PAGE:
Goodlatte: Unaccompanied Minor Surge Could Get Worse If Obama Reduces Enforcement Further in August
If the Obama administration decides to unilaterally adopt policies to further reduce immigration enforcement in August, the flood of unaccompanied minors and family units illegally entering the United States could worsen, according to House Judiciary Chairman Bob Goodlatte (R-VA).
“This surge shows no signs of stopping and could potentially get worse if President Obama further dismantles more of our immigration laws in August,” Goodlatte said Monday.
In March Obama directed Department of Homeland Security Sec. Jeh Johnson to review the country’s deportation policies. In May he called on Johnson to delay the review’s completion until August, to allow the House of Representatives space to pass immigration reform.
Republicans say they expect the review to further water down the administration’s already lax immigration enforcement policies.
“Our entire constitutional system is threatened when the Executive Branch suspends the law at its whim and our nation’s sovereignty is imperiled when the commander-in-chief refuses to defend the integrity of its borders,” Senate Minority Leader Mitch McConnell and 21 Republican senators wrote in a letter to Obama in April.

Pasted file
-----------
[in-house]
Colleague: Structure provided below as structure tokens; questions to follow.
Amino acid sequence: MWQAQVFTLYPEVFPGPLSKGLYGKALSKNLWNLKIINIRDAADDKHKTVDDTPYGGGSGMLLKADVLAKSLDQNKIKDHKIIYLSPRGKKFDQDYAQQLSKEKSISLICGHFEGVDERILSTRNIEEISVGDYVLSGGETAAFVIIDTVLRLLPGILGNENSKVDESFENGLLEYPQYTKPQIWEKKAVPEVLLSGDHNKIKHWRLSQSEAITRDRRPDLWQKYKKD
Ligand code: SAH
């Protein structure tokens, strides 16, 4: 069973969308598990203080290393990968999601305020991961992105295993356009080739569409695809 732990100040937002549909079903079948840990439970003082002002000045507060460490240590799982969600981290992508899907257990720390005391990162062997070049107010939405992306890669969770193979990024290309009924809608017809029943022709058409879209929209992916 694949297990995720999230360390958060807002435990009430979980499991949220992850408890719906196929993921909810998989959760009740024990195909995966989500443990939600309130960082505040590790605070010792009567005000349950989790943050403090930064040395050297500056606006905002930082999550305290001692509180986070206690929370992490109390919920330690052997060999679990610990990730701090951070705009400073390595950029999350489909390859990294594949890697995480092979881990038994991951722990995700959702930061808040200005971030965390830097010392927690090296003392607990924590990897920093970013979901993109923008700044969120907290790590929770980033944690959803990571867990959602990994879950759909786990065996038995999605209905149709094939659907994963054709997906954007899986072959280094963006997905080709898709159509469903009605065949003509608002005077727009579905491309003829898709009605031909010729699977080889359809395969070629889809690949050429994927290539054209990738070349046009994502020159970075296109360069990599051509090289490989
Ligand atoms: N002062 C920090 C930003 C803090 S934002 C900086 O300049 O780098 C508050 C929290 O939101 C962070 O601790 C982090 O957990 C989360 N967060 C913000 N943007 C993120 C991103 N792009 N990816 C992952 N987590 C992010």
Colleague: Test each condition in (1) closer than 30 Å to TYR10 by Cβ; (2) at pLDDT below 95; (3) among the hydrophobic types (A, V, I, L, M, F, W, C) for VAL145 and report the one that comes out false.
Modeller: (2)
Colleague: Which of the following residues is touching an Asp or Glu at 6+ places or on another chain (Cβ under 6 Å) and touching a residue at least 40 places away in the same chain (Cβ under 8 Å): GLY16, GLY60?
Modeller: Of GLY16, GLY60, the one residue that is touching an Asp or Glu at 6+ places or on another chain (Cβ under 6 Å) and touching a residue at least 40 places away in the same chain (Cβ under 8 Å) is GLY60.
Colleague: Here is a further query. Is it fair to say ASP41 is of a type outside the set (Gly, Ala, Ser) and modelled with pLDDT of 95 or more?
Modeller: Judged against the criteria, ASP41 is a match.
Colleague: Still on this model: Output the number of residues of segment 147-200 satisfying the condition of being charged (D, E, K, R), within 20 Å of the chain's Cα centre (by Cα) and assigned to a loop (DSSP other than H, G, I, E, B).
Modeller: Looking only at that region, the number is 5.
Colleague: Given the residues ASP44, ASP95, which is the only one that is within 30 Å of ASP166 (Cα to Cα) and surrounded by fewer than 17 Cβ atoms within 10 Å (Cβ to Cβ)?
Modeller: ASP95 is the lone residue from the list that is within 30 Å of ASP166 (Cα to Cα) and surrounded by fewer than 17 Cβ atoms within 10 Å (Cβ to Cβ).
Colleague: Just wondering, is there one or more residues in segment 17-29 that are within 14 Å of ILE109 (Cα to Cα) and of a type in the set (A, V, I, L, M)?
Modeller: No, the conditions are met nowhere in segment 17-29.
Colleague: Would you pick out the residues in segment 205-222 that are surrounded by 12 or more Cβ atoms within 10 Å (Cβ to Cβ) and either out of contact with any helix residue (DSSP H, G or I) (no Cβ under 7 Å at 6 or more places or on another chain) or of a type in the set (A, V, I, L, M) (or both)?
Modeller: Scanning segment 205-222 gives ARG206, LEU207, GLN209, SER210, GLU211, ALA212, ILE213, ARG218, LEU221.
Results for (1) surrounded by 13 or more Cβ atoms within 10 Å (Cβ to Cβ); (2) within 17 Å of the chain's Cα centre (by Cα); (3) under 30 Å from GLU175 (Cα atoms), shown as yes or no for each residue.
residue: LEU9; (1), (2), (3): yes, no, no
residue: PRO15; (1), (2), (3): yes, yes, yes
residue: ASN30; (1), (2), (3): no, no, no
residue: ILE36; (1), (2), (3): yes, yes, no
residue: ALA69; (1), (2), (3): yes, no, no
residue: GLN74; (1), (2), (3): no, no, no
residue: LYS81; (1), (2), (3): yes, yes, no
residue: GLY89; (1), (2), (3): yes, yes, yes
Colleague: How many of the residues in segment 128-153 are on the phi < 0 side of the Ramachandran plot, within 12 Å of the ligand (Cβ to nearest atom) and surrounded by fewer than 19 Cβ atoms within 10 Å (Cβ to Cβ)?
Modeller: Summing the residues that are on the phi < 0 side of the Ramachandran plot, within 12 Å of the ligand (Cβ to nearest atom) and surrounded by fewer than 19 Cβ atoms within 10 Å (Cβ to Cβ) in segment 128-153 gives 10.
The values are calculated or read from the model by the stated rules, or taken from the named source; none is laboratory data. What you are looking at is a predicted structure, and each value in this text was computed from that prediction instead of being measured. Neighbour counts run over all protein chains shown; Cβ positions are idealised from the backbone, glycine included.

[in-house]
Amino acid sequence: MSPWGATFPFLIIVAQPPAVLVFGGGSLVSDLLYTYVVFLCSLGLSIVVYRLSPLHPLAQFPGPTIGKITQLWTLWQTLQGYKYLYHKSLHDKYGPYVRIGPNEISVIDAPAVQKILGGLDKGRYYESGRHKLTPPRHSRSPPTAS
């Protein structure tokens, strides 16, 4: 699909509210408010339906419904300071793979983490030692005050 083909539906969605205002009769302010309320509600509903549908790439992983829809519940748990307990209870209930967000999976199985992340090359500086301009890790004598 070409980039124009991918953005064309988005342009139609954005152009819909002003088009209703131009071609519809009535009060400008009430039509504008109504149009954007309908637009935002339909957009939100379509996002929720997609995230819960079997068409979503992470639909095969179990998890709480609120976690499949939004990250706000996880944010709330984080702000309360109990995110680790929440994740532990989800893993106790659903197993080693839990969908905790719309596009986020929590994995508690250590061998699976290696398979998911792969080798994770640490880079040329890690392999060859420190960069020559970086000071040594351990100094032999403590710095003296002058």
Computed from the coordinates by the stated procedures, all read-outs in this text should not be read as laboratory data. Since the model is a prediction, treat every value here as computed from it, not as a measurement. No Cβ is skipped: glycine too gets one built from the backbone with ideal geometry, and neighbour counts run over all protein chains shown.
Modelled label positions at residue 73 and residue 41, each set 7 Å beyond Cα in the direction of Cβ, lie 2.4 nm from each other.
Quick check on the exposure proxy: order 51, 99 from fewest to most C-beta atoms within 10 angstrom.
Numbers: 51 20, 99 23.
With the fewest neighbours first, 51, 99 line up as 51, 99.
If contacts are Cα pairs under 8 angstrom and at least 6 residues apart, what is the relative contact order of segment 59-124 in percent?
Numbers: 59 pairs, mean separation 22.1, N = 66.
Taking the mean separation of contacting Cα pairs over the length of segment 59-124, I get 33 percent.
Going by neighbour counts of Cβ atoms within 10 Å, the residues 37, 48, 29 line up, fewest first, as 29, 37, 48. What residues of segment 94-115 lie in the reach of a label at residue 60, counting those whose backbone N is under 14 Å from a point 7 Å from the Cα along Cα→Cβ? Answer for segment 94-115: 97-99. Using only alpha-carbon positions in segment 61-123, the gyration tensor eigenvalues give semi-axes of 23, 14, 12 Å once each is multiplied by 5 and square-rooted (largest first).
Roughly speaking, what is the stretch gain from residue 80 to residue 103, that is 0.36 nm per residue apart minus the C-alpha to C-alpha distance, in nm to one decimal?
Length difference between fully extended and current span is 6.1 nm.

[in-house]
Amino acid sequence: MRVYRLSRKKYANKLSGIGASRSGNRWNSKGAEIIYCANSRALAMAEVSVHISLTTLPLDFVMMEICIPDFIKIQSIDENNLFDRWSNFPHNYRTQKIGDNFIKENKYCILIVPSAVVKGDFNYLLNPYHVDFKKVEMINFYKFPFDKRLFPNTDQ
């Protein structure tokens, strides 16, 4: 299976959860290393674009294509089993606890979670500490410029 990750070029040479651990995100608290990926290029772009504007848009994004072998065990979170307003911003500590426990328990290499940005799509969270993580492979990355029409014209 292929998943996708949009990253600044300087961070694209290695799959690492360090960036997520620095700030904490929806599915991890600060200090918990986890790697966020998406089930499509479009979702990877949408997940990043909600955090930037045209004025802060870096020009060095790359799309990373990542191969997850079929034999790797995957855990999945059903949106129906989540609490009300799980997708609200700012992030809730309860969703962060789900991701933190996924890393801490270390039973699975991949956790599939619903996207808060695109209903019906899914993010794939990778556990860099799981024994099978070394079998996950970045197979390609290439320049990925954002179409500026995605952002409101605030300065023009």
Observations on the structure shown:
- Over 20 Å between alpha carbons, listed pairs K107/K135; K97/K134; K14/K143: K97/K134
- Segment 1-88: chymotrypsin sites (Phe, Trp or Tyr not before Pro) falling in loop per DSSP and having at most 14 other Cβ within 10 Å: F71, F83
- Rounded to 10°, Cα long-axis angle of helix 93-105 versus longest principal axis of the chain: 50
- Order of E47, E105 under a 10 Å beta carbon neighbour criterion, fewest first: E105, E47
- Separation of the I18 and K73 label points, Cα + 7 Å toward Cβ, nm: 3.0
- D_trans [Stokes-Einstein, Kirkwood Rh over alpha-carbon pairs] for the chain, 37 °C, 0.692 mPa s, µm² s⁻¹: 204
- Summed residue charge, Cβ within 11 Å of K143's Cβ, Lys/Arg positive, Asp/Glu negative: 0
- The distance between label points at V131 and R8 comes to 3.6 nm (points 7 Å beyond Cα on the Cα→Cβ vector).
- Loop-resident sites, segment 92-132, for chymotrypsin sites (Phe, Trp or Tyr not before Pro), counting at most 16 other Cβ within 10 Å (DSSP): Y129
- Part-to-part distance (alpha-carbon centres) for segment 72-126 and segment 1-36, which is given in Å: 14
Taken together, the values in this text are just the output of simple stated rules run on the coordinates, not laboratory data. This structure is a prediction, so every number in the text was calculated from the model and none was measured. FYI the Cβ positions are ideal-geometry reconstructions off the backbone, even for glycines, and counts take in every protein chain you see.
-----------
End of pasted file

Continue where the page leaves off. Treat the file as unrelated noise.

The 22 senators, who wrote their letter before the flood of illegal immigration hit a fever pitch and news headlines, expressed “grave concerns” that the “enforcement review” will result in “a near complete abandonment of basic immigration enforcement and discard the rule of law and the notion that the United States has enforceable borders.”
According to Goodlatte — whose committee is holding a hearing on the recent deluge of illegal immigration into the United States this week— the surge of unaccompanied minors and family units is a crisis of Obama’s “own making” and does not appear to be settling down anytime soon.
“Word has spread around the world about the Obama Administration’s lax immigration enforcement policies and it has encouraged thousands of children, teenagers, and families from Central America to come to the United States illegally,” Goodlatte said in a statement Monday.
Wednesday afternoon the House Judiciary Committee will hear from administration officials and people who have seen the crisis first hand at a hearing entitled "An Administration-Made Disaster: The South Texas Border Surge of Unaccompanied Minors."